Last week I wrote how principles from classic video games can help you improve your website. Did you know you can learn these some principles the hard way?
When I wrote that you could learn principles from video games, I didn’t mean you should copy every principle. Otherwise, you could end up with a website that confuses, punishes and even deceives users.
Lessons learned from sequel blunders
Then their sequels came out. Let’s just say to this date they’re a topic of diverse opinions. I played each of these when I was younger, and while I like every one of them, many consider these sequels the “black sheep” of each of their respective franchise. Each of these sequels sent their respective franchises in a different direction and there’s three great lessons we can learn from them.
Don’t confuse users with inconsistent UI/UX
In Super Mario Bros., you collected coins, hit bricks and stomped on mushrooms. But in Super Mario Bros. 2, instead of stomping on baddies, you pulled up vegetables and threw them at baddies.
I like the game, but the gameplay was radically different, resulting in a completely different user interface (UI) and User experience (UX). Perhaps you’ve heard the acronym “UI” or “UX”, but keep in mind that they’re not the same thing. Using video games as an example:
- User interface (UI): The player presses the B button to make Mario pull up a vegetable.
- User experience (UX): The player gets confused or angry because Mario has to pull up vegetables to toss at enemies instead of squish them like in the original Super Mario Bros.
Takeaway from Super Mario Bros. 2
Keep a consistent user interface (UI) so you can improve user experience (UI). A simple style guide or pattern library for your site can help with this. I’ve discovered that a simple guide like Style Tiles works as a good start.
Don’t send users to “Death Mountain”
Zelda II: The Adventure of Link also radically changed from showing a birds-eye view of the screen to mostly a side scroller.
I like Zelda II over the first one, but it both critics and lovers can both attest to its difficulty. For example, there’s a “Death Mountain” where you faced a certain death due to the mountainous onslaught of enemies. This part was so punishing that I gave up because I felt like I couldn’t finish the game.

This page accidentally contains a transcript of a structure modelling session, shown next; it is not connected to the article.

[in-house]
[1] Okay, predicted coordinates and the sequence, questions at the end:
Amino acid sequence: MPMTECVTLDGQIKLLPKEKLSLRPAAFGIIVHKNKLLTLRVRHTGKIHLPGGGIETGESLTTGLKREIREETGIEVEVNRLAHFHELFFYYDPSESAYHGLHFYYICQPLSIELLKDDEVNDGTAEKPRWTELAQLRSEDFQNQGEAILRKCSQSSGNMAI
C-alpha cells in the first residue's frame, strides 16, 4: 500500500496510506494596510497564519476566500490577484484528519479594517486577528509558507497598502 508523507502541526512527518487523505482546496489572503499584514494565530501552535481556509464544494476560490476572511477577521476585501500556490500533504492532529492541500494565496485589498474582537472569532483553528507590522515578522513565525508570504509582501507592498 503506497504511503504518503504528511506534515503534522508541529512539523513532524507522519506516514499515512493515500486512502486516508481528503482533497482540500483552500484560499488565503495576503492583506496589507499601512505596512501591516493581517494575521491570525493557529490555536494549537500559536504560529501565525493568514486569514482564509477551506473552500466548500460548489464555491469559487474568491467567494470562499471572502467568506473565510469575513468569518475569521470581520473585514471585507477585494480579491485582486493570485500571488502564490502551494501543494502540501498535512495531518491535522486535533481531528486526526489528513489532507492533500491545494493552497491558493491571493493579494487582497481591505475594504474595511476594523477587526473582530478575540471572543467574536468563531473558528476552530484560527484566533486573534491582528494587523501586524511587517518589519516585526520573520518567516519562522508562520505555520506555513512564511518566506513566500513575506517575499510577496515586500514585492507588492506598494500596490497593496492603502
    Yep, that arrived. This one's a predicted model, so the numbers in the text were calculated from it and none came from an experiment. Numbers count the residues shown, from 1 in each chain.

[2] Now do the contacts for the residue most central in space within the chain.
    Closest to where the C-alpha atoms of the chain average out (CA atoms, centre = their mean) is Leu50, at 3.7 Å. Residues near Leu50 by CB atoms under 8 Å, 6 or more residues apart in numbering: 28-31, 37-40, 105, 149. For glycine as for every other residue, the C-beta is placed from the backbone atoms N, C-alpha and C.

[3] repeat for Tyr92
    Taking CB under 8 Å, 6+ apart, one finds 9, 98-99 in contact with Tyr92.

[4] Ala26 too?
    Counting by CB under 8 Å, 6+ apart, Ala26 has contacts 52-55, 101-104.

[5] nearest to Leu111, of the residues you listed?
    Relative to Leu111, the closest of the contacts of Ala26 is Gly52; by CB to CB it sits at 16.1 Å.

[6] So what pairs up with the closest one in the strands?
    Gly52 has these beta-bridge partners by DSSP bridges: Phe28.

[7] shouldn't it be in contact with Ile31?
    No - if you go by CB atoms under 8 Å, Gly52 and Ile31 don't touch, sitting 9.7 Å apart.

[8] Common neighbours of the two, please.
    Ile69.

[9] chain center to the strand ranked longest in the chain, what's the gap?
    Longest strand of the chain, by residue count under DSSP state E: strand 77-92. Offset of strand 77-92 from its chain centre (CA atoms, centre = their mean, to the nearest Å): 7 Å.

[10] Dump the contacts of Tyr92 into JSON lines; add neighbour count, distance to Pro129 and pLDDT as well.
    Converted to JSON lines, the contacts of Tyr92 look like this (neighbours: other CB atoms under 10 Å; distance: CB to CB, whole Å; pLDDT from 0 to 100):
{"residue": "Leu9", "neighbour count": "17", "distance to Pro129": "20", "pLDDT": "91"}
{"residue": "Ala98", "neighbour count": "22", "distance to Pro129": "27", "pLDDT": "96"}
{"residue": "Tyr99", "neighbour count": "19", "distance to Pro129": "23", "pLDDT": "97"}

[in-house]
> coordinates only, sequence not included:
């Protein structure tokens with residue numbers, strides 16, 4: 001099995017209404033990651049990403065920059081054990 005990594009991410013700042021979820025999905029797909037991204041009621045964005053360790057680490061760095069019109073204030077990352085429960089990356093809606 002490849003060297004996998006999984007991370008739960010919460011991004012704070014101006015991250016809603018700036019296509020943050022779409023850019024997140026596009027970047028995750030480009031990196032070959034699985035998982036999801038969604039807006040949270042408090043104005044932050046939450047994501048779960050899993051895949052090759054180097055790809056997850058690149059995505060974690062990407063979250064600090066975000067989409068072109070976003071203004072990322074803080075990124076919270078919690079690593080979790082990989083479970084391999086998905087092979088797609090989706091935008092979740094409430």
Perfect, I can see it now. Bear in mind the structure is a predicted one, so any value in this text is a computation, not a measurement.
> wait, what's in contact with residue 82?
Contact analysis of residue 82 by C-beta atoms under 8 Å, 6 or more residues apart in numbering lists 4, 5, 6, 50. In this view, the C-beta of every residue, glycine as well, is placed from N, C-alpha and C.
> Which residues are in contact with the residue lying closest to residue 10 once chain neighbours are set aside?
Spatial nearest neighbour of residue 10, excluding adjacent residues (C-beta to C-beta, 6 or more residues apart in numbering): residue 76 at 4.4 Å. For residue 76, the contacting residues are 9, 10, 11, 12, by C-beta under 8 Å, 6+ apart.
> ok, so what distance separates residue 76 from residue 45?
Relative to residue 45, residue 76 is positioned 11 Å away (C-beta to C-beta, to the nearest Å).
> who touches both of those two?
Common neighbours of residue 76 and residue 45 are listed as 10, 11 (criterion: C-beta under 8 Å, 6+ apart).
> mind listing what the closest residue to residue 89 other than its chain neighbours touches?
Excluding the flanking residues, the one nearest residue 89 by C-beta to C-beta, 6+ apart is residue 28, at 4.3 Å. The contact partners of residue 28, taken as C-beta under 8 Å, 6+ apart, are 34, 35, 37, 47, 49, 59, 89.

Who wants to go to Death Mountain? Anyone?
Takeaway from Zelda II
Beware of “Death Mountains” on your website. They can seem as long, grueling forms when someone’s just trying to get some basic information. They may be long 100-page eBooks, so jam-packed with information that readers don’t bother. Bottom line: Keep Death Mountains in the Zelda franchise and off your website.
Don’t mislead users and utterly let them down
Where Castlevania provided a clear path with a few obstacles, Castlevania II: Simon’s Quest provided an obscure path with a few outright lies. When you start the game, instead of appearing outside a castle ready to whip zombies, you’re in a town and need to ask people for clues.
Well that sounds like a nice adventure, right? Clues and going on a quest – who’d object to that? You might, if you realized many of these “clues” were completely irrelevant or downright lies. There’s an endless debate about whether this was due to translation errors from the original Japanese, or intended deception, but here’s some examples:
“Invest in an oak stake?” – Some stranger inside one of the castles
Hmm… Is this random fellow offering an “investments” in wood and paper commodities? No, you need the oak stake to collect an item, which really isn’t explained to you unless you read the manual.
“Hit Deborah Cliff with your head to make a hole.” – ‘Helpful’ townsfolk providing a supposed clue
Hitting your head will do nothing, and there’s no hole to make. You have to kneel for a few seconds with a certain gem for a tornado to transport you to the other side appear.
“Don’t look in the Death Star or you’ll die.” – A townsfolk from a town far, far away
In Simon’s Quest, you’ll never see a Death Star or any other thing related to the Star Wars universe.
Anyway, the only way to beat the game back then in the pre-Internet world was to pickup a copy of Nintendo Power so you could understand these “clues”. Otherwise, the game was completely unbeatable, not because the enemies were too difficult, but because it was improbable to navigate to critical sections in the game based on the “clues” alone.
The worst part of the game is the ending, where you fight a wimpy version of Dracula and get rewarded with an ending that says you succumbed to your wounds and died anyway.
Thanks. I’m surprised that didn’t ruin my childhood.
Takeaway from Simon’s Quest
As John Lennon once put it, “Don’t let me down.” Don’t mislead users and let them down. Instead, give them a clear path and a real reward for their effort.
Game over. Continue?
So were these game franchises able to recover from these disappointing sequels? Find out next week.